In addition, the court again explained that Plaintiff must comply with Federal Rule of Civil Procedure 8's requirements as to each defendant. If not, allegations against that “defendant will be dismissed for failure to state a claim.” Id. at 18-19. The June 20 Order further explained that “Plaintiff should not attach voluminous documents and photos to the Second Amended Complaint and expect the court and Defendants to guess what claims those documents and photos support. Nor should Plaintiff submit evidence at this stage of the litigation.” Id. at 18-19. And finally, the court directed the Clerk of Court to mail a copy of the court's approved civil rights complaint form and instructions to Plaintiff. Id. at 19.

         C. The Second Amended Complaint

         On July 22, 2016, Plaintiff filed her Second Amended Complaint (“SAC”). Doc. No. 23. The SAC asserts the same state law tort and criminal claims asserted in prior complaints, as well as new claims for violation of constitutional rights to (1) privacy, (2) equal protection based on race, and (3) protection, under a creation of danger theory.[3] These claims are asserted against some or all of the following Defendants: (1) HPD “from the Deputy Chief down”; (2) HPD Waikiki Substation sergeants and officers on duty; (3) HPD 911 Emergency Response; (4) unnamed HPD officers; (5) Inn on the Park Resident Manager Kevin Kisaw; (6) Louise Alina, landlord to the condo unit next to Plaintiff's unit; (7) OTWC; (8) HPD Officer Lewis; (9) 911 Emergency HFD HAZMAT response team; (10) HPD Detective Carreira Marino; (11) the HPC, and HPC Chair Ronald I. Takea; (12) the DPA; (13) T. Santiago #3470; (14) S. Siu #711; (15) HPD Sergeant Ono; and (16) Mayor Caldwell. Id. at PageID ## 316-331; id. at Pl.'s Exs. 4, 7, 9-13, 15, 17-18.

         These claims appear to be loosely connected by allegations that each of these Defendants is part of one or more related conspiracies against Plaintiff causing her harm. Although Plaintiff separated allegations against particular Defendants and in connection with separate groupings of claims, there is significant overlap.

         The constitutional claims appear to be asserted against HPD and its employees, Kisaw, Alina, OTWC and its employees, HFD, HPC, Taketa, DPA, and/or Mayor Caldwell, and are based on the same general allegations of wrongdoing in connection with (1) dismantling Plaintiff's security system, internet, and TV service; (2) reprogramming Plaintiff's systems through her neighbor's unit -- thereby providing others in the first floor control area of her condominium building 24/7 surveillance of Plaintiff's home, and enabling criminals to commit burglary and vandalism, including the spraying of poison throughout Plaintiff's home; (3) HPD's failure to prevent, stop, or investigate these and many other crimes over many years; (4) DPA's failure to prosecute cases based on some of these crimes over the years; (5) HPC's and Mayor Caldwell's failure to address Plaintiff's complaints against the HPD and DPA; (6) the City's 911 emergency response systems and HFD HAZMAT team's failure to respond to Plaintiff's complaints and calls for help; and (7) Mayor Caldwell's sweeps of the homeless in Honolulu. The SAC alleges that most of these wrongs were done through a series of discriminatory conspiracies -- based on Plaintiff not being Japanese -- involving various Defendants. Attached to the SAC are photos, copies of jury instructions outlining a constitutional right to protection claim based on a creation of danger theory, HPD incident reports, HPC Minutes, trespass warnings, and copies of the Declaration of Independence, Amendments to the United States Constitution, and a publication from the ACLU of Hawaii Foundation titled “Homelessness in the City and County of Honolulu: Know your Rights!” Id., Pl.'s Exs. 1, 5-6, 8, 14, 16, 19-24.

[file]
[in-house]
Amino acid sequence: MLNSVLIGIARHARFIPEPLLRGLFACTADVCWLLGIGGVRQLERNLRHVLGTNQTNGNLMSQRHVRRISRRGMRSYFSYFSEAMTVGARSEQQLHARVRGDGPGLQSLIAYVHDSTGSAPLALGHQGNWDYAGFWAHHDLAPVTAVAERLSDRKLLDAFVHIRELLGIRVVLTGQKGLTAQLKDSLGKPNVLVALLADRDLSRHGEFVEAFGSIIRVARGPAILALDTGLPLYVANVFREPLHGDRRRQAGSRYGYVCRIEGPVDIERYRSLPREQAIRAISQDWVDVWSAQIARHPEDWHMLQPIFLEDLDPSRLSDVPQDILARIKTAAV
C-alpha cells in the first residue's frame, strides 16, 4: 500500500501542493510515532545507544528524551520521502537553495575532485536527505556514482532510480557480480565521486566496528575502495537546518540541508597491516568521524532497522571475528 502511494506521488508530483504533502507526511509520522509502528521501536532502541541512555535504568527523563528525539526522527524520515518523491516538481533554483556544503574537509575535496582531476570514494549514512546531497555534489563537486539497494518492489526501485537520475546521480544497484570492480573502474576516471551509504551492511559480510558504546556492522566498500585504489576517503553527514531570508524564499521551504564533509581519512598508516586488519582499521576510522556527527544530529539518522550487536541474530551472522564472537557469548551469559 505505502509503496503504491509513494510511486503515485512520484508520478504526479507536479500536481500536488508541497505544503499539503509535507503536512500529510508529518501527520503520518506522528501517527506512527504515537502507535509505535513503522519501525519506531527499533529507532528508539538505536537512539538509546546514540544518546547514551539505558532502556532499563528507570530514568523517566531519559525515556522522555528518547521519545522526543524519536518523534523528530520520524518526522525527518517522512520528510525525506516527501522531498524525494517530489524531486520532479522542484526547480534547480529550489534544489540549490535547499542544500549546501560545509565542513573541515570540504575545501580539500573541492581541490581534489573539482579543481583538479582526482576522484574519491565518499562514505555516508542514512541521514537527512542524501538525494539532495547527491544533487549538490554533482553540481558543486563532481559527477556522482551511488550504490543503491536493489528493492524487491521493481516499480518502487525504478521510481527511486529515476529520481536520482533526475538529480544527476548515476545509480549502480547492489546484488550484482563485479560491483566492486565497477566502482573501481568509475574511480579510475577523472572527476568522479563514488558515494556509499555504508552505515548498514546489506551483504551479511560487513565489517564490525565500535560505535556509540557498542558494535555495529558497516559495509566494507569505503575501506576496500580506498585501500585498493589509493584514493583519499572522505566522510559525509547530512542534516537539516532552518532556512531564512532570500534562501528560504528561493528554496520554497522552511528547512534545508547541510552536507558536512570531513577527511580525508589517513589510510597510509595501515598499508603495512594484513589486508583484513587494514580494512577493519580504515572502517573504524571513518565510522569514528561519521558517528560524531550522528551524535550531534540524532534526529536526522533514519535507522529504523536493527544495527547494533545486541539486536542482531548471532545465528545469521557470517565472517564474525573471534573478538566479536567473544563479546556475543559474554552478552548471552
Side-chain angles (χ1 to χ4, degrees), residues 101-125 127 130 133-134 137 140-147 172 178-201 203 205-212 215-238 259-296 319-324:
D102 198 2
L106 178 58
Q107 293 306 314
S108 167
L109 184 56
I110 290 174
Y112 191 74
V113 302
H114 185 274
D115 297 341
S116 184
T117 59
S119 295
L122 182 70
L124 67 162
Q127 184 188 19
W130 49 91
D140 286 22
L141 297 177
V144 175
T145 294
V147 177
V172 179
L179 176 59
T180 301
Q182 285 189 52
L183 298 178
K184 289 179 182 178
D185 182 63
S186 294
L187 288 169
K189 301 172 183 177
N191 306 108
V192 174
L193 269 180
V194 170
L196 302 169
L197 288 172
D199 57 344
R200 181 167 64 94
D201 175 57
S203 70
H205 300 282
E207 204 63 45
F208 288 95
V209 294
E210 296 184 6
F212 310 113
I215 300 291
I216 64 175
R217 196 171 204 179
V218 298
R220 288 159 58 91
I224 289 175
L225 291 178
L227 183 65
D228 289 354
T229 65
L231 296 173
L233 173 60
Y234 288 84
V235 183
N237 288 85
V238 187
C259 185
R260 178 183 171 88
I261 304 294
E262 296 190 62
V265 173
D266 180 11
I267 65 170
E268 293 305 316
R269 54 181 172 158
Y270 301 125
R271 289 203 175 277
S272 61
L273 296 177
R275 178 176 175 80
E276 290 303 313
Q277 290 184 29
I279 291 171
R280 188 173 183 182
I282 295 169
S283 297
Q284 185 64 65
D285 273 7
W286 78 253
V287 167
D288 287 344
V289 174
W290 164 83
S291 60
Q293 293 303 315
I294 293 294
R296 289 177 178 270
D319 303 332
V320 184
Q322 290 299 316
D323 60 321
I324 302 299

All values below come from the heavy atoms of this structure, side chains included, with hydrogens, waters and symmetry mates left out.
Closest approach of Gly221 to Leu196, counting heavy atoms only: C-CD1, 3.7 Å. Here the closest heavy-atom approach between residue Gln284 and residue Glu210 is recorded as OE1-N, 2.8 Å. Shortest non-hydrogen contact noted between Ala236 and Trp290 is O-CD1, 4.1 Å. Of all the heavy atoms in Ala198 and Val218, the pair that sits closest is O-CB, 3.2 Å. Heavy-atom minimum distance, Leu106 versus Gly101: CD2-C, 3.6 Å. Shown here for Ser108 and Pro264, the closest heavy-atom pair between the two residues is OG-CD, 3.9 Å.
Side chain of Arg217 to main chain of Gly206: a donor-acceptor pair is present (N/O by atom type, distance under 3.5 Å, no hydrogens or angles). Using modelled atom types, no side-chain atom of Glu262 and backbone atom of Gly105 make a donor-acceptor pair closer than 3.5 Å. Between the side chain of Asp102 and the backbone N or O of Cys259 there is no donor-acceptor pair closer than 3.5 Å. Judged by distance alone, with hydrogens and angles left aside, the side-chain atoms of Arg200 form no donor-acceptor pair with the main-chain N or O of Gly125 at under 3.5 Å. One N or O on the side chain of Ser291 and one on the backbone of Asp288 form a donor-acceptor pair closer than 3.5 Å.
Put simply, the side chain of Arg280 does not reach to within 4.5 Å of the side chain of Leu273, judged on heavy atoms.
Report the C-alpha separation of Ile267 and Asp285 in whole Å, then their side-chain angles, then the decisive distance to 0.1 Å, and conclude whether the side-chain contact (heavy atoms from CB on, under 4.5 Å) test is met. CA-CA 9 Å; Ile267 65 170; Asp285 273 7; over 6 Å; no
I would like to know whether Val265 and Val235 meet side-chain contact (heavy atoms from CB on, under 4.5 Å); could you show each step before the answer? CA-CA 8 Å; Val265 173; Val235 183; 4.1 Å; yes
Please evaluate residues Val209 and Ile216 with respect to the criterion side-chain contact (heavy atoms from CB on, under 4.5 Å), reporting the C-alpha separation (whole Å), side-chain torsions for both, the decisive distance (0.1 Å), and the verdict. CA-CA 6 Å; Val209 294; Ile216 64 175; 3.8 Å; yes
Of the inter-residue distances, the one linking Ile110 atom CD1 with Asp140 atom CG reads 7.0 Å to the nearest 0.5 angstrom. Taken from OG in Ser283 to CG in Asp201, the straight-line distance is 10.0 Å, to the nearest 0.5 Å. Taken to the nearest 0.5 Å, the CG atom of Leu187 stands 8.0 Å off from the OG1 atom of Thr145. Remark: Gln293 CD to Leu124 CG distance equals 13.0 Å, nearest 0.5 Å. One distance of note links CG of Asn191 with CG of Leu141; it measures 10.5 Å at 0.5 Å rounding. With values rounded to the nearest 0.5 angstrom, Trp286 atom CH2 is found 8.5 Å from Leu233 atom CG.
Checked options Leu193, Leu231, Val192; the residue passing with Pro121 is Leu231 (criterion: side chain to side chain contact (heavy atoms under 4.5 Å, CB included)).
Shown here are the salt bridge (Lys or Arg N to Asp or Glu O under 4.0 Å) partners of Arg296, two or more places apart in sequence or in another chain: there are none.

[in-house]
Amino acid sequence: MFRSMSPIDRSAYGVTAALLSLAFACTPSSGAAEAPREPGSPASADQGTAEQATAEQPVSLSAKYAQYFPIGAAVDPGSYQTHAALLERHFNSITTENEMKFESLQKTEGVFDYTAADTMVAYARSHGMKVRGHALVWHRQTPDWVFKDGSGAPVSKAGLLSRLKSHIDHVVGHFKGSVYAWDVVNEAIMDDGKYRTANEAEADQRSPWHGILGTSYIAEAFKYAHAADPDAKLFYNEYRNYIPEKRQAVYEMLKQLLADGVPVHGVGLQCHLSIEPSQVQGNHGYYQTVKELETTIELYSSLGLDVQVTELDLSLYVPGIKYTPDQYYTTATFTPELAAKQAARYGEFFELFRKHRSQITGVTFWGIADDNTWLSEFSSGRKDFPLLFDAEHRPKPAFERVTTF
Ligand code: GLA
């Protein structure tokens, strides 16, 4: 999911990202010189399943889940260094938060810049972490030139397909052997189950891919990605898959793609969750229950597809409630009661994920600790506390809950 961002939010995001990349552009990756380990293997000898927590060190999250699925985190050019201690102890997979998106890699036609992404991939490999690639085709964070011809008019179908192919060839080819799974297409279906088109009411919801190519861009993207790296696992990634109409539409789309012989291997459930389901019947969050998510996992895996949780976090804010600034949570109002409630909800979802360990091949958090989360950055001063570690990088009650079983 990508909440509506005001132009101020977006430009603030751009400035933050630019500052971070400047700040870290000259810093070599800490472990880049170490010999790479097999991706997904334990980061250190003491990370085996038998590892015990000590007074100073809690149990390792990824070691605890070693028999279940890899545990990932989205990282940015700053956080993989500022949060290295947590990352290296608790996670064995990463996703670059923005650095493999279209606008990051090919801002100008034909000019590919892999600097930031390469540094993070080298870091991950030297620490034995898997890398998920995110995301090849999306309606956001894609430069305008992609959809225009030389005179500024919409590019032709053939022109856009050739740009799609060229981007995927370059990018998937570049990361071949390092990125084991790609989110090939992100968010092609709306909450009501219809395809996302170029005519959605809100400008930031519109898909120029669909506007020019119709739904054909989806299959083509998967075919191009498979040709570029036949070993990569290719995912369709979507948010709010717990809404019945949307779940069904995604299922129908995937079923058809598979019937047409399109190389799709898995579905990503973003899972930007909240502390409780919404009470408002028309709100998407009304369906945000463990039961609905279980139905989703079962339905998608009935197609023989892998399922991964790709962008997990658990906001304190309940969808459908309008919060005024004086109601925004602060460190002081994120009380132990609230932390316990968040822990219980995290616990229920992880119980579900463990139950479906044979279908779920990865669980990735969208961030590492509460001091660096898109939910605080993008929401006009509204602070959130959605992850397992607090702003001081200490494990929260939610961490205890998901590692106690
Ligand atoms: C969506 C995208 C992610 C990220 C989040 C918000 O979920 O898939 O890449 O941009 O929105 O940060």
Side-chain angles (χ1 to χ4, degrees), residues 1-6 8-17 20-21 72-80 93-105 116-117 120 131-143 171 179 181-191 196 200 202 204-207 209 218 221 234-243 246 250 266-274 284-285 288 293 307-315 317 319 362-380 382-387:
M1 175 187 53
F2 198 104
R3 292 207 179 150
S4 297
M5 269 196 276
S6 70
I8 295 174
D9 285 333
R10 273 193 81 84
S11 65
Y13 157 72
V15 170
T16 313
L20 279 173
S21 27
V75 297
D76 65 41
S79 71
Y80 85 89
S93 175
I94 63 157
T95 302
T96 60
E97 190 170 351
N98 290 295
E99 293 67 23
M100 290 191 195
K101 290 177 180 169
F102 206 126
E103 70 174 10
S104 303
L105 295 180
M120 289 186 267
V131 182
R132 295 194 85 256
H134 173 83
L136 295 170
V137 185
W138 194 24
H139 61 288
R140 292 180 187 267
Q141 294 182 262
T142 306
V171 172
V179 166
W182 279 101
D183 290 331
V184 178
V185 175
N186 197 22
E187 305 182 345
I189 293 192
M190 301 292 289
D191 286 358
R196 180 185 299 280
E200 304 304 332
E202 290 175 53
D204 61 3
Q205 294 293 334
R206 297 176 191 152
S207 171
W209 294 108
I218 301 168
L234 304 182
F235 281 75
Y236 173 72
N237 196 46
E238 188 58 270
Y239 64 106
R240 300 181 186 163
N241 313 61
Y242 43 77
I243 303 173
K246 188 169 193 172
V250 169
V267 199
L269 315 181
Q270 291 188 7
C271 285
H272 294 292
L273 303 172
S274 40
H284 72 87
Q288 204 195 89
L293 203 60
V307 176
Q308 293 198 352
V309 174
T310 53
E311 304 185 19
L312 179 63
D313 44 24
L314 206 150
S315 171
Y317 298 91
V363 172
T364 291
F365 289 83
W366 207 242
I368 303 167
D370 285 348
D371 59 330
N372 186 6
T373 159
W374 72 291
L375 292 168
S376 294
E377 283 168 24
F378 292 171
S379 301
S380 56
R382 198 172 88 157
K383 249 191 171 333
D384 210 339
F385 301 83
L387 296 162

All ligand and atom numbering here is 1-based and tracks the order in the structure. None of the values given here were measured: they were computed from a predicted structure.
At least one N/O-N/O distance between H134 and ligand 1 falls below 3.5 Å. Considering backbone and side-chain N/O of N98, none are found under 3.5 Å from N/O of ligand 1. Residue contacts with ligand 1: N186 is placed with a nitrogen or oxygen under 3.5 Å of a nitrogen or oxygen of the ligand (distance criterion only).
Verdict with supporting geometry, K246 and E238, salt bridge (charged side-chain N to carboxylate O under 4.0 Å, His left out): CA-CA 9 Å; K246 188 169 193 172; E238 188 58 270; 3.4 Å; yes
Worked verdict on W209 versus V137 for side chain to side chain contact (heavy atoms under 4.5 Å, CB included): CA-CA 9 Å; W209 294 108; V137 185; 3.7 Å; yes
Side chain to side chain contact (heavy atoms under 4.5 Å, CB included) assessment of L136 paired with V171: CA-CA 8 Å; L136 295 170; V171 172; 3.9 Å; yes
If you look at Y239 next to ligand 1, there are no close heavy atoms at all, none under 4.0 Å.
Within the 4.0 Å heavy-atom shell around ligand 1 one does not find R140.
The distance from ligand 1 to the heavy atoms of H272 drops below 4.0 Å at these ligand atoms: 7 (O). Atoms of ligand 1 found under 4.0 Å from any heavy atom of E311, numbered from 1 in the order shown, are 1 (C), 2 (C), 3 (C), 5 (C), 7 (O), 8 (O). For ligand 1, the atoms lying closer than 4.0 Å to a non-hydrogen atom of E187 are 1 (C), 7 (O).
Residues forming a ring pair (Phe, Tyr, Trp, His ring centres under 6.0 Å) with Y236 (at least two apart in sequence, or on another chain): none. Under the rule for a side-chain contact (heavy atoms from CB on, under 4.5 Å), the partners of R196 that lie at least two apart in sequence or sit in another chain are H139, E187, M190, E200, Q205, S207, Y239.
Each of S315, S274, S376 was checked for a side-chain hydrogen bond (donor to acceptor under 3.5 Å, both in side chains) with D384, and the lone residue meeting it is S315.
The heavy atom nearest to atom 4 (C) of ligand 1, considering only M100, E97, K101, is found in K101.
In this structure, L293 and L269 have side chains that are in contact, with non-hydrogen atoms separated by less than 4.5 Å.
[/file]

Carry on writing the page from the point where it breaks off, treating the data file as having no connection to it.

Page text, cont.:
Plaintiff seeks general, special, and punitive damages, as well as injunctive relief -- sealing her home, investigating the specific type of poison, the return of her property, provision of medical treatment and a safe place to live, ending the harassment, a review of the criminal complaints the DPA failed to prosecute, various investigations, provision of homes for the homeless, and an end to the Mayor's sweeps of the homeless.

         Additionally, the SAC asserts a new claim under Bivens v. Six Unknown Named Agents of Federal Bureau of Narcotics, 403 U.S. 388 (1971), [4] against the Social Security Administration (“SSA”) and an unnamed SSA supervisor/manager in both an official and individual capacity. Ex. 2 at PageID ## 334-35. This claim is based on allegations that on August 31, 2012, and for the past 20 years, SSA caseworker “Ms. Watanabe, ” discriminated against Plaintiff by fraudulently altering her bank statements and/or falsely representing to Plaintiff that if she took out a bank loan to cover dental work it would not affect her SSI benefits, and these actions led to a denial of Plaintiff's SSI benefits. See id., Pl.'s Ex. 2. Although Plaintiff allegedly appealed and won her case against the SSA, getting her benefits restored, she did not win punitive damages. For this claim, Plaintiff seeks an award of punitive damages. Id.[5]

         III. STAND ...